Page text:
In fact I previously pointed to this very movie as an example of how to do this right:
- Ward is famous today for the three knock-down, drag-out title fights he fought against Arturo Gatti. But you won’t see those here. The writers took a good look at his life, decided that the best story was Ward’s struggle with his own family, and then ruthlessly pared that story down to its essence. We begin when Ward finally becomes aware of that problem and we end when that problem is ultimately resolved. The Gatti fights came about because Ward had solved his problems outside the ring, so they have no place here.
The implication is clear: sports movies get a little more slack. The alternative, after all, is to have the person the hero is having a problem with sitting in the stands, allowing them to silently communicate their emotional breakthrough just before our hero wins the match. It can be done, but it’s far from ideal, so it’s okay to wrap the emotional beats up a little early, and end with nothing but triumph. In some sports movies, the actual victory is just a victory lap.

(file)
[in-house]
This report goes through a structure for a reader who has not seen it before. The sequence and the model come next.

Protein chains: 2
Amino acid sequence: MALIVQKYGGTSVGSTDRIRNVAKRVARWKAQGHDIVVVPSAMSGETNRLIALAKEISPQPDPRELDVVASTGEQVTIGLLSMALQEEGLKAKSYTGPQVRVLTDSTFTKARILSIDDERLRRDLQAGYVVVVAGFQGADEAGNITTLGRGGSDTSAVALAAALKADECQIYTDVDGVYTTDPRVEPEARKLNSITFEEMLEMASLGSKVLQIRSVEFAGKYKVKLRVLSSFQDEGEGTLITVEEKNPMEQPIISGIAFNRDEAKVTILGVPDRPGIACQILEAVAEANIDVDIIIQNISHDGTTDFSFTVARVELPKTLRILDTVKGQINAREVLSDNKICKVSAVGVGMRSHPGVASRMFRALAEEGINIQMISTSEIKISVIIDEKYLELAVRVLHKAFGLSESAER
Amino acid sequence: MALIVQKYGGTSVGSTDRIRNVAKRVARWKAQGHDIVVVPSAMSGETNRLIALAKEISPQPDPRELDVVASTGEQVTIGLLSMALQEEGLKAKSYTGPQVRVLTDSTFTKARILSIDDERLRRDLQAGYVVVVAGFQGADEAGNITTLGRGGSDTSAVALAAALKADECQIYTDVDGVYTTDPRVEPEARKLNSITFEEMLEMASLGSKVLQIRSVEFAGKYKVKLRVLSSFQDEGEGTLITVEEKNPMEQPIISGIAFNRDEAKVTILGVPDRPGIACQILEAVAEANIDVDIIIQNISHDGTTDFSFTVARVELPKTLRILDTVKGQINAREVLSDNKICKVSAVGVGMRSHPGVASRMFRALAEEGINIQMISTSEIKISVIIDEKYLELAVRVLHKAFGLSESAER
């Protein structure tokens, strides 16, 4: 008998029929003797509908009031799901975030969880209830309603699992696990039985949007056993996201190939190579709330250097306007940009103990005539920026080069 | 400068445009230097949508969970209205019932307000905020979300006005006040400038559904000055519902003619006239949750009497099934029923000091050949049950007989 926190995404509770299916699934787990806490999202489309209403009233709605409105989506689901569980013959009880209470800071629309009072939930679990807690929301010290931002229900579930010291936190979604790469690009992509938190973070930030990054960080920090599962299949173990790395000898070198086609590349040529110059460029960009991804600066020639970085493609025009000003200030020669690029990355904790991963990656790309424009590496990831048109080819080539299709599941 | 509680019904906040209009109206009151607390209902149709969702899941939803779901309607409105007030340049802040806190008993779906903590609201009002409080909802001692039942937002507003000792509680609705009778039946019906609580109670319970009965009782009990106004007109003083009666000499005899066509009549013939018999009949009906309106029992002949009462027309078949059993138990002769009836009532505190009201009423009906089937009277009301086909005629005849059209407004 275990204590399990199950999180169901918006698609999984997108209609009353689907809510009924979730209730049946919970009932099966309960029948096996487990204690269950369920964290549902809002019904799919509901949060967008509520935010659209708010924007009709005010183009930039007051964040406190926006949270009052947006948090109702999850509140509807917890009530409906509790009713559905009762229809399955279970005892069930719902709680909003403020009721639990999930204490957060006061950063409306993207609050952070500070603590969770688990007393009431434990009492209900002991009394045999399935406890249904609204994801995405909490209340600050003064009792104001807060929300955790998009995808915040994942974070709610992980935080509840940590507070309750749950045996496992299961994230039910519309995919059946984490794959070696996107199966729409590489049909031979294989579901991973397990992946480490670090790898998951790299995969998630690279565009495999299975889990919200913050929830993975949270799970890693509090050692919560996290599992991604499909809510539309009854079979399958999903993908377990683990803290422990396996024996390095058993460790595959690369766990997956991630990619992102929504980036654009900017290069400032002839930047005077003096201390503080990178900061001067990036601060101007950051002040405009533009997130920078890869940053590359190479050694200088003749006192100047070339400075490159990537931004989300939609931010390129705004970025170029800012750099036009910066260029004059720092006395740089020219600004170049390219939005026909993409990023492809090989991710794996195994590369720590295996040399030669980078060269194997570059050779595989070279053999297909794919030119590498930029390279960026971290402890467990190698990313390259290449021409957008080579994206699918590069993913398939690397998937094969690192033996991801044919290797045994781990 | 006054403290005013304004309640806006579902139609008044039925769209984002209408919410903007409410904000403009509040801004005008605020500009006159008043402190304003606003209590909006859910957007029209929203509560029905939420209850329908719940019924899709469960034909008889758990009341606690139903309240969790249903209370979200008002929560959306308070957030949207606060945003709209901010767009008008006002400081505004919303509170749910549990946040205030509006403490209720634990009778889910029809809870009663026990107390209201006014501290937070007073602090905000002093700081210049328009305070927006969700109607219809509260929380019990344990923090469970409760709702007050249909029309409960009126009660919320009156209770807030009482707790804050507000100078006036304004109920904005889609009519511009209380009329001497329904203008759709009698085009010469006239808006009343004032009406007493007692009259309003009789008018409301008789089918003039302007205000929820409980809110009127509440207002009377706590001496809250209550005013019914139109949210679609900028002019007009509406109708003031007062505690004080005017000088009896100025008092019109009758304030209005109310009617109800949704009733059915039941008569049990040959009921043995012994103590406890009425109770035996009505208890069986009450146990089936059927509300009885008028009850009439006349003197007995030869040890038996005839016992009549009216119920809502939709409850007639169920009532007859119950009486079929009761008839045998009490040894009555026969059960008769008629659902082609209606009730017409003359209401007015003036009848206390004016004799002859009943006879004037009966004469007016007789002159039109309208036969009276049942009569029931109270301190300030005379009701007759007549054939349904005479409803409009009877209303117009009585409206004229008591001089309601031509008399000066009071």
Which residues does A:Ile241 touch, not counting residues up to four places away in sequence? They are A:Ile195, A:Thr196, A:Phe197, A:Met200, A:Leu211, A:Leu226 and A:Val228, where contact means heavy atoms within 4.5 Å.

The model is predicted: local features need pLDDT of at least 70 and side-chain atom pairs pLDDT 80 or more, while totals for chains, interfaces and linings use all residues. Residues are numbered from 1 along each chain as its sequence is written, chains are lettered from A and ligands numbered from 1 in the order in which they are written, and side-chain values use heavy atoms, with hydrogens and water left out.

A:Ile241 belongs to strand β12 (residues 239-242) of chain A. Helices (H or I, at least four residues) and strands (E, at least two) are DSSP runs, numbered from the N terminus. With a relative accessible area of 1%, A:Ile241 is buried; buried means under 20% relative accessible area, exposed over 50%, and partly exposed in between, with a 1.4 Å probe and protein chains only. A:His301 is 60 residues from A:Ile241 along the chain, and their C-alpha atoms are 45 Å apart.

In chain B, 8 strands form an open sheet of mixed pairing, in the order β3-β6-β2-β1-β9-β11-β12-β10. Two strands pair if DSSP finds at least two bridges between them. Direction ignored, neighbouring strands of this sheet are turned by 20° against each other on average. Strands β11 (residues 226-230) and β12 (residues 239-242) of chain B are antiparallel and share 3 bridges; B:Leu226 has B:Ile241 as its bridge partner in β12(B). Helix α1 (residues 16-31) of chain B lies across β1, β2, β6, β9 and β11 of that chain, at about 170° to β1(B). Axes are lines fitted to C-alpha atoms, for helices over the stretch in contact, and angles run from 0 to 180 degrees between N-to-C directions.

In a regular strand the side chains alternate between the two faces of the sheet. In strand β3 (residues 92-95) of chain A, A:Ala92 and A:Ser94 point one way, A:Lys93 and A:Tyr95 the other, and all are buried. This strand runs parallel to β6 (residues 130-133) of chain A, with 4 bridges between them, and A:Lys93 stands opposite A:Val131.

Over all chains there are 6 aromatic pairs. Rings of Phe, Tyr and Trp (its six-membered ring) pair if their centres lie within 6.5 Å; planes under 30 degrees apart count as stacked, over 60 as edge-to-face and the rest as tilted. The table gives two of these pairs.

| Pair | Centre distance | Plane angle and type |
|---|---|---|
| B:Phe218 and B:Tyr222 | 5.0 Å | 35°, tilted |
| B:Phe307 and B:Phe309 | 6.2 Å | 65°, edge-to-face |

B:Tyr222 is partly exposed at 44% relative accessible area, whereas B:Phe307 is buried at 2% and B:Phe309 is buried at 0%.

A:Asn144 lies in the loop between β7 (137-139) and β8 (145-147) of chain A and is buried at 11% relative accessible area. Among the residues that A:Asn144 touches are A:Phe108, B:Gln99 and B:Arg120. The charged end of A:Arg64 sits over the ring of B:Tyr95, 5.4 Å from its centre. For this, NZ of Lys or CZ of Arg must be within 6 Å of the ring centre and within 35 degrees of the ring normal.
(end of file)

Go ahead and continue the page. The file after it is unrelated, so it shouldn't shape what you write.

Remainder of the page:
(How much of an extension on the deadline do you get? Probably only about ten minutes, so don’t push it!)
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